The hood flaps ended up a bit thinner than I had intended (I should have put a bit more seam allowance around them when I cut the fabric out) but I decided to leave them as is.
Even though I really thought I had measured it all out when I cut the guard tape, I ended up not having quite enough to do the 3 stripes I originally intended. But two looks nice too. I might have been able to squeak out a bit more tape from the scraps of silk, but I decided not to bother. And even though I cut out red wool guards to go on the inside of the cloak (I was still toying with the idea of it being reversible), I ended up not sewing them on. I think I was afraid that the drape the hem was already looking a little stiff, and didn’t want to add more thickness to it.
When I sewed down the guard edge closest to the bottom, I made sure to go all the way through the wool to the silk lining, because I wanted to make sure it was well tacked down and wouldn’t do weird droopy things later.
The hood also got silk trim, which didn’t take nearly as long as the cloak’s trim. Yay for speedy parts of the process!
The neck was gathered to fit the bottom of the hood. Mine is not as gathered as the original, but still has a little bit.
I pinned the hood to the cloak body and then machine sewed the two together. I did fret for a while, trying to decide on how to make the inside of the cloak look finished and nice, while still being able to gather the neck. I ended up going with the same construction as the original: just sew it together with the raw edges inside and put a strip of silk facing over it. It ended up looking rather nice I think.
A quick bit of whip stitching…
And the hood suddenly looks like a hood!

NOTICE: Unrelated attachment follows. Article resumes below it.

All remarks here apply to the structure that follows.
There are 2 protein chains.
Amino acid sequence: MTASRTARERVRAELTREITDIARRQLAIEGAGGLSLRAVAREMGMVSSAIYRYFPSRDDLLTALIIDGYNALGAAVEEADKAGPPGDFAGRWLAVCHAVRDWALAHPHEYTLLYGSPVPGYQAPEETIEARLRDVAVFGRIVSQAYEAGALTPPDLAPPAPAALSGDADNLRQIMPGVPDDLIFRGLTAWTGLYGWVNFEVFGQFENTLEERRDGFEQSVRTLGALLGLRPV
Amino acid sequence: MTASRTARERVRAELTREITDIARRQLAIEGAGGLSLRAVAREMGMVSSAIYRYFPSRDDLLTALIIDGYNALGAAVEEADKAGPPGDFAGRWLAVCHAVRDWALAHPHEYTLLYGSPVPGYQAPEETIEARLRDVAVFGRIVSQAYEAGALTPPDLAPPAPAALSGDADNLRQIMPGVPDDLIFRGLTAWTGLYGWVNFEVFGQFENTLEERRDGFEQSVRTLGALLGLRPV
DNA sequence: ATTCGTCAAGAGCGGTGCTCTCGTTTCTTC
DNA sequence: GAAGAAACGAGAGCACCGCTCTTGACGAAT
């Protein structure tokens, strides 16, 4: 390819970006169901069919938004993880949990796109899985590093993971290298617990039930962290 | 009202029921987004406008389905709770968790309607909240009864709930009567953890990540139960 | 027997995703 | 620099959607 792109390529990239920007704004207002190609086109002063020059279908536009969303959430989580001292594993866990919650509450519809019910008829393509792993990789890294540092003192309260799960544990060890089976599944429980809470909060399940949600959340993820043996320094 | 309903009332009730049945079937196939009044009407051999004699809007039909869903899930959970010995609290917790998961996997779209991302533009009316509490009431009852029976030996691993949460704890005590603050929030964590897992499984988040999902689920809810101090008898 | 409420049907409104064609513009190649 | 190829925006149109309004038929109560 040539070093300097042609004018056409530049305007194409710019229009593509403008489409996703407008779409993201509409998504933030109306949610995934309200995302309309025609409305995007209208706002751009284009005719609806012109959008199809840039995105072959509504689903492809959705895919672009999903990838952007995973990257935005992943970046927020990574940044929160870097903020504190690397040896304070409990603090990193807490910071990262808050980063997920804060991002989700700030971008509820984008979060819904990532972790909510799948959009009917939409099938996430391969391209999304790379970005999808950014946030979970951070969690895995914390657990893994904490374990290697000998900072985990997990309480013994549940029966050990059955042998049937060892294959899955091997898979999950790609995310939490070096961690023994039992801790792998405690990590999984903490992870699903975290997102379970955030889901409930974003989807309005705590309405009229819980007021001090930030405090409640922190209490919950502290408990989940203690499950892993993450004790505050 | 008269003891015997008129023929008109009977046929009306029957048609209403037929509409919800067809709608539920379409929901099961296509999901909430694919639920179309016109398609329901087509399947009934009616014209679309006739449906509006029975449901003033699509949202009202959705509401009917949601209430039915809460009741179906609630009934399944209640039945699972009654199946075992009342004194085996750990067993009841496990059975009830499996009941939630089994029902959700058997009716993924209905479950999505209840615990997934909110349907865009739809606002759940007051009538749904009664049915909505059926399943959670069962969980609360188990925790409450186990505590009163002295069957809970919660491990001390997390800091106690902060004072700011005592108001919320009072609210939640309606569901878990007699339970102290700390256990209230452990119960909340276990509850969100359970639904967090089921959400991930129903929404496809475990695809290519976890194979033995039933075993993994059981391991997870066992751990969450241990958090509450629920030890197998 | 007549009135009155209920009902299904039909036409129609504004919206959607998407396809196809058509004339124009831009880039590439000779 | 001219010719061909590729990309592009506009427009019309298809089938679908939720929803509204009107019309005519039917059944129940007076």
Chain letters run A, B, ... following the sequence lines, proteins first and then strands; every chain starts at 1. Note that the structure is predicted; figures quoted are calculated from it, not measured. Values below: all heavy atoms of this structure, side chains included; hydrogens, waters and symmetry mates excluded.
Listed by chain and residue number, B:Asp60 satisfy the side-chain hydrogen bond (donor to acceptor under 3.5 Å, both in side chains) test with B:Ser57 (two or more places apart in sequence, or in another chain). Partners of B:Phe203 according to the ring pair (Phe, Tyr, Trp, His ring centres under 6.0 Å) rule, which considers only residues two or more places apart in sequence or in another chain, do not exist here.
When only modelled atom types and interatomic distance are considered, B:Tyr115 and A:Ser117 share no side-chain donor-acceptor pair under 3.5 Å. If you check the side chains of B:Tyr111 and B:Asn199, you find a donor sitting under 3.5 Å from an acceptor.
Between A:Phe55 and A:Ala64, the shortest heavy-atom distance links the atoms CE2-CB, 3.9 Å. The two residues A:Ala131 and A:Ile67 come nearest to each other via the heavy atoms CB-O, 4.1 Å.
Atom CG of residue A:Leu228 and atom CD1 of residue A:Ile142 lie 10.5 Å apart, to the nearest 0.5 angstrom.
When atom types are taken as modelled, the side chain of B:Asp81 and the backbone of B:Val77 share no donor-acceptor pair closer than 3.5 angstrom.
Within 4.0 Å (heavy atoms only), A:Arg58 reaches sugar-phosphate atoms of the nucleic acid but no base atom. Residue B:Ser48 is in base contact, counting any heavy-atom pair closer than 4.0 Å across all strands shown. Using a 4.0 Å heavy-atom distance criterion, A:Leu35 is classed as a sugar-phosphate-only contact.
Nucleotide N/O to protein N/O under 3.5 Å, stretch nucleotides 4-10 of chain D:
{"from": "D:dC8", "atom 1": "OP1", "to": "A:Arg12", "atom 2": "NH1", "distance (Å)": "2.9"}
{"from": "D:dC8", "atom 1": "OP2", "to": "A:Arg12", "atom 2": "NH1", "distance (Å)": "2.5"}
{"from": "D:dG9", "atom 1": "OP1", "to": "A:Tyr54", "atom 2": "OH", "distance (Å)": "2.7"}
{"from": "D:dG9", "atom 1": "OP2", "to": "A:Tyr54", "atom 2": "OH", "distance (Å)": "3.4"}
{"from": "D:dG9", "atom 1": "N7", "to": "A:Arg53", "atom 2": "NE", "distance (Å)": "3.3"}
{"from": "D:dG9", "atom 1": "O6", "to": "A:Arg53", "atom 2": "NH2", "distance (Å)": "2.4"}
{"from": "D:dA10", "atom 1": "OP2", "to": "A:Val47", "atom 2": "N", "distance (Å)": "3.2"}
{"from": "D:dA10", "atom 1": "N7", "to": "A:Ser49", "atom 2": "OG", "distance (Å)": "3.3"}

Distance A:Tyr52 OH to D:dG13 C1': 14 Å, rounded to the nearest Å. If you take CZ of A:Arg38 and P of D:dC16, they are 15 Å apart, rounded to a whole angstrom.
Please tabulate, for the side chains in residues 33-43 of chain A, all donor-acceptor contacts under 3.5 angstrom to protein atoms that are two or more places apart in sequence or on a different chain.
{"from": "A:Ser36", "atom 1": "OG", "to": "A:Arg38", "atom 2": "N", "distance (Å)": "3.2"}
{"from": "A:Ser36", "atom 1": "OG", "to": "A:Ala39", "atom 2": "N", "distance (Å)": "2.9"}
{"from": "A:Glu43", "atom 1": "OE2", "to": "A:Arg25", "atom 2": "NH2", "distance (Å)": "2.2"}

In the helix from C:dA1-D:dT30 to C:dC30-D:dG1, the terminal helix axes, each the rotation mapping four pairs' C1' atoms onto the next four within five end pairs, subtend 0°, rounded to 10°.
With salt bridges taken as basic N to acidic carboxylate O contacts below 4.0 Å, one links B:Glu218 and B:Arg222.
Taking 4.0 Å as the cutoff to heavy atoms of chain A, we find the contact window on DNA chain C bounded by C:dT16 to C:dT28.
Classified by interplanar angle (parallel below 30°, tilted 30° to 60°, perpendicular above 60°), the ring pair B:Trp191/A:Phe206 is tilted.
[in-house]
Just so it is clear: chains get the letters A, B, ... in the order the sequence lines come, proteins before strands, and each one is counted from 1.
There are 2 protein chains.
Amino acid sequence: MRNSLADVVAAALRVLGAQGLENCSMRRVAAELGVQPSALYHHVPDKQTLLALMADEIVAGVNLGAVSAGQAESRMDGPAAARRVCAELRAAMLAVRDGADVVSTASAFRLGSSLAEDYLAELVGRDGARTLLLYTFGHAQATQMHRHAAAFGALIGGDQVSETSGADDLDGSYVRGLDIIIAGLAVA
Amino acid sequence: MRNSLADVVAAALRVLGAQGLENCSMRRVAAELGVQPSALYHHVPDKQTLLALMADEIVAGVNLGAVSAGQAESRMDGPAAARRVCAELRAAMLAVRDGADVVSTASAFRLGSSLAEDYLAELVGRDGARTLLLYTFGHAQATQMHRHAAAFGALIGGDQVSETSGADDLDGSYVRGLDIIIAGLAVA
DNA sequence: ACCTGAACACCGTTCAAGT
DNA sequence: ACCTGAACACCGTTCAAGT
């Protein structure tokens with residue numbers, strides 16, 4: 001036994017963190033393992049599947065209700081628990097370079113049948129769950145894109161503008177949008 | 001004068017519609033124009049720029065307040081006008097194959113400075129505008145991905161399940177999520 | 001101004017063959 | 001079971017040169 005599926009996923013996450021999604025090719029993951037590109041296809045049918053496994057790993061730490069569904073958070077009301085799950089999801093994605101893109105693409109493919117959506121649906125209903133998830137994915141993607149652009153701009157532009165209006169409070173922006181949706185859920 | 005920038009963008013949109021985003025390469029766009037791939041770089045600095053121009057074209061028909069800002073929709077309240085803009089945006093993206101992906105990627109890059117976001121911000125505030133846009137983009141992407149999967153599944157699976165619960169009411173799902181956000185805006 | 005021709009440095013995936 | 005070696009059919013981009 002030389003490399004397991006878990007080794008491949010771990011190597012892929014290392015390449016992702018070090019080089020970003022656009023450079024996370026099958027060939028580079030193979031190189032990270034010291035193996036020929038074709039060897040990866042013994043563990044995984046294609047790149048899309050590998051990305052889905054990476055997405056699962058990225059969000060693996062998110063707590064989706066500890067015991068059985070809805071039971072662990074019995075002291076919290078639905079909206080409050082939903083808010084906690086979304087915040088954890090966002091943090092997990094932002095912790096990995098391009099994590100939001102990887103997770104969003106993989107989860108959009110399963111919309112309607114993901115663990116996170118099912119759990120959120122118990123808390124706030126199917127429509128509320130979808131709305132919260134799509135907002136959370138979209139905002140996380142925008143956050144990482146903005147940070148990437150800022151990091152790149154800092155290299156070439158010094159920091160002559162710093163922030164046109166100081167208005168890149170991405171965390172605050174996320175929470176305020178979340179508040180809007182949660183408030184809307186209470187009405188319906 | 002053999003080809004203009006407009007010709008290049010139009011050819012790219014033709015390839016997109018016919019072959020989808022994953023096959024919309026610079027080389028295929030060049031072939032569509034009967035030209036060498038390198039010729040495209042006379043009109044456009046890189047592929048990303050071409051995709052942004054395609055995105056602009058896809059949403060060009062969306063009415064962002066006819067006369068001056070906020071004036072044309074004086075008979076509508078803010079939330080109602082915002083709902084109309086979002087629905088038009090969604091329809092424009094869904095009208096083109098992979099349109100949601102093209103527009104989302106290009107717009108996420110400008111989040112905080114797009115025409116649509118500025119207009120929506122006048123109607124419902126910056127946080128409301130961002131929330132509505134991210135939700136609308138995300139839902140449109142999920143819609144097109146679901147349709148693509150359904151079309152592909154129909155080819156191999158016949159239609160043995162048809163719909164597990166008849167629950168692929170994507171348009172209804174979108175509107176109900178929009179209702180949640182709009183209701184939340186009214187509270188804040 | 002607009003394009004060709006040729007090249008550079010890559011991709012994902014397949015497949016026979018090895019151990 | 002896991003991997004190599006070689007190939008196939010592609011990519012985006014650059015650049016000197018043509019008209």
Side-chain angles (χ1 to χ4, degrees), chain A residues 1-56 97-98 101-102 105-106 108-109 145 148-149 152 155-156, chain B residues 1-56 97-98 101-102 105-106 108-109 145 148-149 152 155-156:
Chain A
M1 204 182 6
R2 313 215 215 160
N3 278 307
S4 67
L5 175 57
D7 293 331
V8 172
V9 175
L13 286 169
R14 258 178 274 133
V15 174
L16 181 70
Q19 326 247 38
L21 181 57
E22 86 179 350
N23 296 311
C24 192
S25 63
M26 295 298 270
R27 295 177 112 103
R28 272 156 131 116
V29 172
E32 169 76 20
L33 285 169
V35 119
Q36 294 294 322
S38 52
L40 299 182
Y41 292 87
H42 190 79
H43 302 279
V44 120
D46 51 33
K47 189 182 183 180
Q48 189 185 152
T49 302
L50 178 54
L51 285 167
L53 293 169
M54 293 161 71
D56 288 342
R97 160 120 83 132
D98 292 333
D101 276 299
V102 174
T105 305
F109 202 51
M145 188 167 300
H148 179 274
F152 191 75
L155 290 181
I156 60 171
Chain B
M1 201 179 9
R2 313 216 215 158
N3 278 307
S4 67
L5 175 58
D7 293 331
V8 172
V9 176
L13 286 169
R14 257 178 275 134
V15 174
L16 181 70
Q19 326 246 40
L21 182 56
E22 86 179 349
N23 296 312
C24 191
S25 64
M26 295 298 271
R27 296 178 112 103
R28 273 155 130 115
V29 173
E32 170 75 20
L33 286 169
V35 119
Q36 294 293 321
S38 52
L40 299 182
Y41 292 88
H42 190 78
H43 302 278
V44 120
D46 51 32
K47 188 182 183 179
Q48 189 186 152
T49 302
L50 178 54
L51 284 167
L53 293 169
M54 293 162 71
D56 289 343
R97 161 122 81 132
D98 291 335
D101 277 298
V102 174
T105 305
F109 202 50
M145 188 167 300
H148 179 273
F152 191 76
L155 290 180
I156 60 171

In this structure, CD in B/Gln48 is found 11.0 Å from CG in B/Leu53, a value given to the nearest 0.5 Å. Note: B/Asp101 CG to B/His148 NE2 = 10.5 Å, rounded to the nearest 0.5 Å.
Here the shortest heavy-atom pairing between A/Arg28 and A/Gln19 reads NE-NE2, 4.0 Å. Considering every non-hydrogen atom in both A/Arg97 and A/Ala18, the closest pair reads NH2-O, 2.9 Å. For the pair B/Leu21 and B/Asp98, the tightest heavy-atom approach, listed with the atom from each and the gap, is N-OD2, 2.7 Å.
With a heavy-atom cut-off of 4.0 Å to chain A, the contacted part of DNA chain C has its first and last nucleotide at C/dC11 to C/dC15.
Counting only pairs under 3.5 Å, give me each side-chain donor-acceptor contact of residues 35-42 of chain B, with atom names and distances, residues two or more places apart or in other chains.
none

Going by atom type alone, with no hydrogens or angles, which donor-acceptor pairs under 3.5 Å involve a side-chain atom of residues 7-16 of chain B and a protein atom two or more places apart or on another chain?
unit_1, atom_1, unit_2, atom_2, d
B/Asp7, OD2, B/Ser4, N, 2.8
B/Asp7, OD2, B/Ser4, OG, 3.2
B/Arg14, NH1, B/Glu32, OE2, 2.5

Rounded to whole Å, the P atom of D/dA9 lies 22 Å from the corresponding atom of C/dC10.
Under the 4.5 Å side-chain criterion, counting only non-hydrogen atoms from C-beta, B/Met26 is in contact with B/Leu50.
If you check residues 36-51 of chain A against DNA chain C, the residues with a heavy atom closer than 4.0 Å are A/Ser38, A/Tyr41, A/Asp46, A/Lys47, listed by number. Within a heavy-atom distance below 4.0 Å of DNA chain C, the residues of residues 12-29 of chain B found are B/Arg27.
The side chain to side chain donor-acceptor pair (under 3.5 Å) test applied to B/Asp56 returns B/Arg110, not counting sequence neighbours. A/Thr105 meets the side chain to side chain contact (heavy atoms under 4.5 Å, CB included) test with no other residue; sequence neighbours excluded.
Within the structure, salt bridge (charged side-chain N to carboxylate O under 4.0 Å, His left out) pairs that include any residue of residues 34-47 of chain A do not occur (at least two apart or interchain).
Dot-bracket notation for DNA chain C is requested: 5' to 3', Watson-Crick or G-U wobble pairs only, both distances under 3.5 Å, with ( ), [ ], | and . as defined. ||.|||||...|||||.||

I think that the original hood would have layed much more flat and close to the body than mine does, but then, my hood does sort of look like some of the Spanish riding hoods, the way it is round and not flat.
Looking pretty sweet. All that’s left is the neck ties, and the tassel for the top of the hood.
I didn’t have any good thick cord to use for the ties, so I took a bit of the silk trim I had leftover and folded it lengthwise a few times until it was acceptably thin and sewed it closed. The tassels for each end was made of some left over bits of string that Mr. Fancy was using to embroider his own cloak (I believe that he was working on the hood embroidery at this point).
I had not made anything but the sort of simple little tassel on the neck ties. I knew that I wanted the hood tassel to be much bigger, grander, and all around more nifty. I was sort of experimenting here, and ended up with something pretty neat to hang on my hood. I tried researching how to make 16th century tassels, but some of those things are absurdly fancy. I ended up doing a sort of simplified version of one I saw that looked like it was made up of a bunch of tiny tassels.
With the tassel sewn on, I declare the hood done! (Well, mostly, but I’ll get to that in a moment.)
All the best hoodie ninja assassins are goofy smilers. Didn’t you know?
Very pleased with the neck ties. No issues with them coming undone that I have noticed yet.
So, those hood flaps. They look sort of ok just left as they are… but I am thinking that I might figure out a way to secure them to the sides of the neck. Maybe some sort of loop and button construction? I really like the way it looks when down with the flaps tucked over one another around my neck. And I have a feeling that I will wear it down most of the time anyways.
Tieing the flaps works too, but isn’t nearly as elegant I think. It strikes me as more cutesy than anything.
But even if I don’t do anything with the flaps, I am alright with wearing it as it is.
I don’t often dress up or pose to look like a specific image, so this was very fun. The cloak is much longer than hers, but the upside is that Mr. Fancy can wear it too, if he should so desire.
For anyone thinking of making one for rapier, here’s how it looks on one shoulder:
Slightly aside from the main focus: Yay hair!
A few more pictures of the process and final product can be found in my Red Cloak Flickr set here: http://www.flickr.com/photos/healor